Local interest will undoubtedly be piqued in May 2023, with the world premiere of an Israeli opera called Theodor. Unsurprisingly, the new work, with Ido Ricklin’s libretto scored by Yonatan Cnaan, centers on the visionary of the Promised Land. The tale is set in 1881 Vienna, where the young Herzl was an enthused student, after which the plot moves on to Paris in 1895, with a now less than youthful and starry-eyed journalist covering the Dreyfuss trial.

Theodor mines the emotional and ideological counterpoint between the founder of the Jewish state’s younger and more weather-beaten self, as he strives to free himself of his inner ghetto and forge a new reality for himself. The world premiere will be conducted by Nimrod David Pfeffer, who recently took his conducting bow at the New York Metropolitan Opera.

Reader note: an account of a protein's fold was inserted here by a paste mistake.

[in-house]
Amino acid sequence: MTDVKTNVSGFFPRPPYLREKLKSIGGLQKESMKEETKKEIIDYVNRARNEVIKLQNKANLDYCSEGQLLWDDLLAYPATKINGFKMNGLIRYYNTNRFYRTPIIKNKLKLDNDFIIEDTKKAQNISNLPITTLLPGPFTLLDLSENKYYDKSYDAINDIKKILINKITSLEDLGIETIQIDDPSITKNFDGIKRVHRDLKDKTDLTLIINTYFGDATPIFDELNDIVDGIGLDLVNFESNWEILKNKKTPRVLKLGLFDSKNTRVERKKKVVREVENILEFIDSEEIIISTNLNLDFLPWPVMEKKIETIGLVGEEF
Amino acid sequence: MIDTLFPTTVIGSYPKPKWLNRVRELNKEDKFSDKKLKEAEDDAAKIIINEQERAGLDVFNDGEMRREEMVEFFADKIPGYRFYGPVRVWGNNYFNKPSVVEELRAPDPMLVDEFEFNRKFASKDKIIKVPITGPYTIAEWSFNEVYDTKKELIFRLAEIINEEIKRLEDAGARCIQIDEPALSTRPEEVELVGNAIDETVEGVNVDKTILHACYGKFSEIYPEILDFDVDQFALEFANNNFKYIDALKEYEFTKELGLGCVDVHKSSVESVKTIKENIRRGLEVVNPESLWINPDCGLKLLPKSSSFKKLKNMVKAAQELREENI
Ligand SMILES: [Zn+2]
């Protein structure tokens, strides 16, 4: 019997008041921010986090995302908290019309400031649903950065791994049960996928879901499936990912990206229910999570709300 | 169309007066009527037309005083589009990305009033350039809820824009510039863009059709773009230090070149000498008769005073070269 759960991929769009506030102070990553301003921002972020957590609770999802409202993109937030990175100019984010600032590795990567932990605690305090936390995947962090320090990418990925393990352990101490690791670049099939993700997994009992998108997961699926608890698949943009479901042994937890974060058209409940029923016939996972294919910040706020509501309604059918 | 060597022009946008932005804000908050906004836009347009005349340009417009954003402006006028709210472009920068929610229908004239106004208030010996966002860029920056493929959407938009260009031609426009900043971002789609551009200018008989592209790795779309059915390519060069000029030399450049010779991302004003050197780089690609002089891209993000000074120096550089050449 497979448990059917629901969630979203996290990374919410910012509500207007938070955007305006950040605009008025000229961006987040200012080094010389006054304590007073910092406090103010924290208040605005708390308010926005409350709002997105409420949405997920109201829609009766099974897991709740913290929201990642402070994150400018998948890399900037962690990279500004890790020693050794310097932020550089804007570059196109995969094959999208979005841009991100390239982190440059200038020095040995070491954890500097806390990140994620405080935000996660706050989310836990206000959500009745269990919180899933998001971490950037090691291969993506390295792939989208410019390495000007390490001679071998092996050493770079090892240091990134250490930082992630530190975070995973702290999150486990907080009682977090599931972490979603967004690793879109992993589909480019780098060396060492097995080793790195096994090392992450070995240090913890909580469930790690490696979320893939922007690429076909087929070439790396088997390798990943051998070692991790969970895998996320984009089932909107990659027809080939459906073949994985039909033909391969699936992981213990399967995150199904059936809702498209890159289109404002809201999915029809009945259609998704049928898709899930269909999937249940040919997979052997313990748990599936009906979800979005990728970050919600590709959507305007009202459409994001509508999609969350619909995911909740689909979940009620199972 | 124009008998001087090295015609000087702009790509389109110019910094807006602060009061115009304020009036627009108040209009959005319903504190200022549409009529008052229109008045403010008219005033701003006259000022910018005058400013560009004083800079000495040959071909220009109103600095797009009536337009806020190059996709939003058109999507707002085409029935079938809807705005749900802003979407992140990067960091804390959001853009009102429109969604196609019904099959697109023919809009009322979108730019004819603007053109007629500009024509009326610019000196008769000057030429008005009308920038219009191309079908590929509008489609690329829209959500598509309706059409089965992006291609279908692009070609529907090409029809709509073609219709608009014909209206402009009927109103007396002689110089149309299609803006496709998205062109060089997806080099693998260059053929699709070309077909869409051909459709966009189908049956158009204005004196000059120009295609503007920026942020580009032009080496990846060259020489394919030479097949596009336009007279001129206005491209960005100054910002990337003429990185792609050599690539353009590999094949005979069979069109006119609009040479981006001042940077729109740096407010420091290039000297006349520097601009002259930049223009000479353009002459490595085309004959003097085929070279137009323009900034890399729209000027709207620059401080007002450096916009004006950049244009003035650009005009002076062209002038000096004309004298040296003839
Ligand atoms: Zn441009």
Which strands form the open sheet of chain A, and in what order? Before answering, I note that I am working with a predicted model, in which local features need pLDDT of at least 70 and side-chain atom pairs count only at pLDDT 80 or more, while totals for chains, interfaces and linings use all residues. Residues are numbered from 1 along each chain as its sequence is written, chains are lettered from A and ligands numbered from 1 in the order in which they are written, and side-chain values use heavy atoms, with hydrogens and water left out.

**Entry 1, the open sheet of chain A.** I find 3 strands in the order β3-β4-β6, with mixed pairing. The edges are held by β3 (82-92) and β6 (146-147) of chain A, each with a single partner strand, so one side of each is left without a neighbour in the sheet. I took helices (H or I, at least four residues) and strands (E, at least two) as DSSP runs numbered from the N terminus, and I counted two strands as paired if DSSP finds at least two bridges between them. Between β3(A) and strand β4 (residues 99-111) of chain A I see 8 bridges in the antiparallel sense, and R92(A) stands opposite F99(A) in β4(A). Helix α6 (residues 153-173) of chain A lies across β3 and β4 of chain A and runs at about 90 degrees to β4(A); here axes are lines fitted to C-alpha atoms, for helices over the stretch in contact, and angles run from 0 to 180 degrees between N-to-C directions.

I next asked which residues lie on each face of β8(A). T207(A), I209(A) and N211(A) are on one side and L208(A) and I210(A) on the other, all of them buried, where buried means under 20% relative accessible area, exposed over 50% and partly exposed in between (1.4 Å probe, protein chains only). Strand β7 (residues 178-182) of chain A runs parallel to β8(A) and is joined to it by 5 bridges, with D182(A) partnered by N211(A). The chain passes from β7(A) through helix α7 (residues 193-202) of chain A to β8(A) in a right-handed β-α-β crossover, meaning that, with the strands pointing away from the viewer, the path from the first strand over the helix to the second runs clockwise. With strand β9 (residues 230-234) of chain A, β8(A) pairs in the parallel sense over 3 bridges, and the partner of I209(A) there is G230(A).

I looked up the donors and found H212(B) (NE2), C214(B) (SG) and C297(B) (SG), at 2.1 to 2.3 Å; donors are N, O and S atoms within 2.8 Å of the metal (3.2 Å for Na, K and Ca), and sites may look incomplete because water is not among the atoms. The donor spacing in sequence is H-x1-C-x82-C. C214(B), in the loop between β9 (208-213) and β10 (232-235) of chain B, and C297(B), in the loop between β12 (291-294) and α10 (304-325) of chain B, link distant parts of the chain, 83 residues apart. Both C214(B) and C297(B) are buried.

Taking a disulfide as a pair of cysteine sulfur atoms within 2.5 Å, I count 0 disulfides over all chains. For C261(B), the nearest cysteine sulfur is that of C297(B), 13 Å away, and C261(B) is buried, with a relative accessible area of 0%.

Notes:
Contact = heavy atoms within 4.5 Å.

Danish stage director Kasper Holten brings his award-winning production of Mozart’s Don Giovanni to the Opera House in March-April next year, conducted by renowned German conductor Karl-Heinz Steffans in his Israeli Opera debut. Holten and his design team created a larger-than-life video design that serves as a mirror reflecting the inner world of the characters. Copenhagen costume designer Anja Vang Kragh will also put in her aesthetic shekel’s worth.

Italian director Daniele Abbado also comes to the Israeli Opera for the first time, with his lauded production of “Verdi’s Il trovatore,” from the Vienna Staatsoper, conducted by Giuliano Carella.

The curtain comes down on the 2022-23 opera season with a bang, with Mozart’s ever-popular Requiem, in July. Lighting designer Nadav Barnea and director Shirit Lee Weiss join forces to create a special audio-visual experience, which takes Mozart’s stirring score into new sensorial realms.